Jesus was a Man of prayer. He lived in daily, continual conversation with the Father. The Bible says that Jesus did nothing on this earth except what He first saw the Father doing (John 5:19). That means Him and the Father were walking on this earth as One. The Father was showing Jesus what to say and do, every step of the way. Jesus was so dependent on the Father that He even said of Himself that He could do nothing without Him.
We can be this close to the Father, just like Jesus was. We must remember that we accepted Jesus’ invitation to follow Him, which means that He is not just our savior but also our model for life and as our model He taught us to pray, through His word. In the gospel of Matthew, Jesus says,
“6 But you, when you pray, go into your room, and when you have shut your door, pray to your Father who is in the secret place; and your Father who sees in secret will reward you openly…” (Matthew 6:6)
“In this manner, therefore, pray: Our Father in heaven, Hallowed be Your name. Your kingdom come. Your will be done On earth as it is in heaven. Give us this day our daily bread. And forgive us our debts, As we forgive our debtors. And do not lead us into temptation, But deliver us from the evil one. For Yours is the kingdom and the power and the glory forever. Amen” (Matthew 6:9-13).
Throughout this article we are going to be breaking down these verses so we can learn how to pray as Jesus taught us to.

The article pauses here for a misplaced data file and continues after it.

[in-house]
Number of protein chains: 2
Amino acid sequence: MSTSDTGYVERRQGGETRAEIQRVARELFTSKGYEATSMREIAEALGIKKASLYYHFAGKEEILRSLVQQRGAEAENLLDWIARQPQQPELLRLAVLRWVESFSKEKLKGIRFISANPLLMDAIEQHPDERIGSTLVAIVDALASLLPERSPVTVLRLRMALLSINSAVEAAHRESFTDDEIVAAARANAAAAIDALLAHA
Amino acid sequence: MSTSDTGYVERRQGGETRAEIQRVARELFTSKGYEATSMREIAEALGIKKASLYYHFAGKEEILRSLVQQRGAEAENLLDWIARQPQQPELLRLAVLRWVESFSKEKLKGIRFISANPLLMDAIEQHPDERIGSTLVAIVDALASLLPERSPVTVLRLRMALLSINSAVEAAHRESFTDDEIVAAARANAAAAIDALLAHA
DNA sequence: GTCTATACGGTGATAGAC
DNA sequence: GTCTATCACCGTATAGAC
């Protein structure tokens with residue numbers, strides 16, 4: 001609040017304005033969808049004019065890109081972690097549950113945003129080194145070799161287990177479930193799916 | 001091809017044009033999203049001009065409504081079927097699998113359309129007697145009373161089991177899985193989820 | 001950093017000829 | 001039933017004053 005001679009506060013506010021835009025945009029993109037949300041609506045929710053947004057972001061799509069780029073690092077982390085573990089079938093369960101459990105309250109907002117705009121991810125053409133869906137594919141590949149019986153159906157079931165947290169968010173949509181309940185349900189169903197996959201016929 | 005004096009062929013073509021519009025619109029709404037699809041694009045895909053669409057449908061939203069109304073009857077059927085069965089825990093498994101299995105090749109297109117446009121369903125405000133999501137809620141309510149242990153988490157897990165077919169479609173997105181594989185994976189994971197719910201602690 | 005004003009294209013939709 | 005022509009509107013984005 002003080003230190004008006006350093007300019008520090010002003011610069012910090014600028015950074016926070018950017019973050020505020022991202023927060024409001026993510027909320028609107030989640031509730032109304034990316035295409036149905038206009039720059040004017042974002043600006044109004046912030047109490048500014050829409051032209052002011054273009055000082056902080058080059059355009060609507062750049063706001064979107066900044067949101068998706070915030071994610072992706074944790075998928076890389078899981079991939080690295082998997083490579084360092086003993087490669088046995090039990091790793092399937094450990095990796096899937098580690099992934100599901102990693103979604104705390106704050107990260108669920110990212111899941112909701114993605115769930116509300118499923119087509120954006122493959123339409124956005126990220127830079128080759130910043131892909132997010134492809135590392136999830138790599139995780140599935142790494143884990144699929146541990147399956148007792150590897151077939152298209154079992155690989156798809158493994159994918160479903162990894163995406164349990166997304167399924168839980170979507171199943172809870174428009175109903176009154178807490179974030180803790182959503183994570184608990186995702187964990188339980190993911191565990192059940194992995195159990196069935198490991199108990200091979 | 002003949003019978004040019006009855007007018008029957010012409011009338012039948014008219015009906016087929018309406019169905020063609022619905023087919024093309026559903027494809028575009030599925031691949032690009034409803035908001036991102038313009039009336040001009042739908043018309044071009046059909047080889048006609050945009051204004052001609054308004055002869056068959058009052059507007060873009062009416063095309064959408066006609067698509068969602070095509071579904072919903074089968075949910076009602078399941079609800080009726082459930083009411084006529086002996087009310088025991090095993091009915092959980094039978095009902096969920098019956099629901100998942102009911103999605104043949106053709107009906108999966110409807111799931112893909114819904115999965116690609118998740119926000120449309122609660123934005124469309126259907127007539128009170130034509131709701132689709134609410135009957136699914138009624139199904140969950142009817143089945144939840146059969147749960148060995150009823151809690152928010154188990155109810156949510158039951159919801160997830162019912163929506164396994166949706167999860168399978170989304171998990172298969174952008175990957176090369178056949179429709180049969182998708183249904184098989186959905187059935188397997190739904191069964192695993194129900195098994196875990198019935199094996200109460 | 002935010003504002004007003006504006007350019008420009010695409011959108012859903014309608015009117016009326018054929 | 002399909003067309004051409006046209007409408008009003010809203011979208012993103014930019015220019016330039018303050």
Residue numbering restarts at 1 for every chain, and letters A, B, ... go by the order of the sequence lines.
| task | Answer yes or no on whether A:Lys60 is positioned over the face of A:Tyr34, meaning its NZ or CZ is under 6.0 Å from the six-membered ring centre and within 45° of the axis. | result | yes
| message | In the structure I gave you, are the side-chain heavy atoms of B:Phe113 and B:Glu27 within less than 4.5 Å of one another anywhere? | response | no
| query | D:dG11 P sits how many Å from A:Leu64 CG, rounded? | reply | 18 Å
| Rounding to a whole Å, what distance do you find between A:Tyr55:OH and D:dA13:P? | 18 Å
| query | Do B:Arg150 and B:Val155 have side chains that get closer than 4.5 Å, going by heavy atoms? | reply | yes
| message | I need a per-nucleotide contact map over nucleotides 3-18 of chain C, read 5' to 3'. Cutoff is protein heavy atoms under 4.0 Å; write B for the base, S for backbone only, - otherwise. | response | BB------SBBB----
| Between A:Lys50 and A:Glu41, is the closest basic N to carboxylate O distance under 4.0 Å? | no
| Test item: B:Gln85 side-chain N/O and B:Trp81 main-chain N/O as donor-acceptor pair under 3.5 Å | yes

The Secret Place (v.6)
The gospels reveal that Jesus constantly sought out private places to pray.
“However, the report went around concerning Him all the more; and great multitudes came together to hear, and to be healed by Him of their infirmities. So He Himself often withdrew into the wilderness and prayed” (Luke 5:15-16).
“Now it came to pass in those days that He went out to the mountain to pray, and continued all night in prayer to God” (Luke 6:12).
“Now in the morning, having risen a long while before daylight, He went out and departed to a solitary place; and there He prayed” (Mark 1:35).
God desires to have us alone to Himself because when we are alone with God, our thoughts are more focused and we’re not so easily distracted. We shut the world out and we turn on God.
Notice how Jesus says in the latter part of v. 6 that the Father “is in the secret place.” This is powerful that Jesus says this because the Father is God, He is everywhere all at once. So why is Jesus specifically telling us that the Father is in the secret place? Because He is trying to reveal to those that desire a relationship with God a secret. That is that God can be intimately known in the secret place and that the Father will reward those that diligently seek Him (Hebrews 11:6, Matthew 6:6).
If we go to prayer seeking the Father in secret, then He’ll reward us with Himself in the open (Matthew 6:6).
“In this Manner, Therefore, Pray (v.9)
In verses 9-13 Jesus is giving us an outline of how to pray. This is why He says “in this manner, therefore, pray.”
You may have heard verses 9-13 referred to as the “Lord’s Prayer”, but we know this can’t be true because in verse 12 there is confession of sins and Jesus never sinned.
This prayer that Jesus gave us was not meant to be quoted and repeated as a religious cliche, but to help us in our time alone with God.
Praise & Worship (v.9)
James 4:8 says, “draw near to God and He will draw near to you.” Jesus is telling us that the first thing we do when we come before the Father is praise and worship, this is the beginning of drawing near to God. This is why the psalmist says,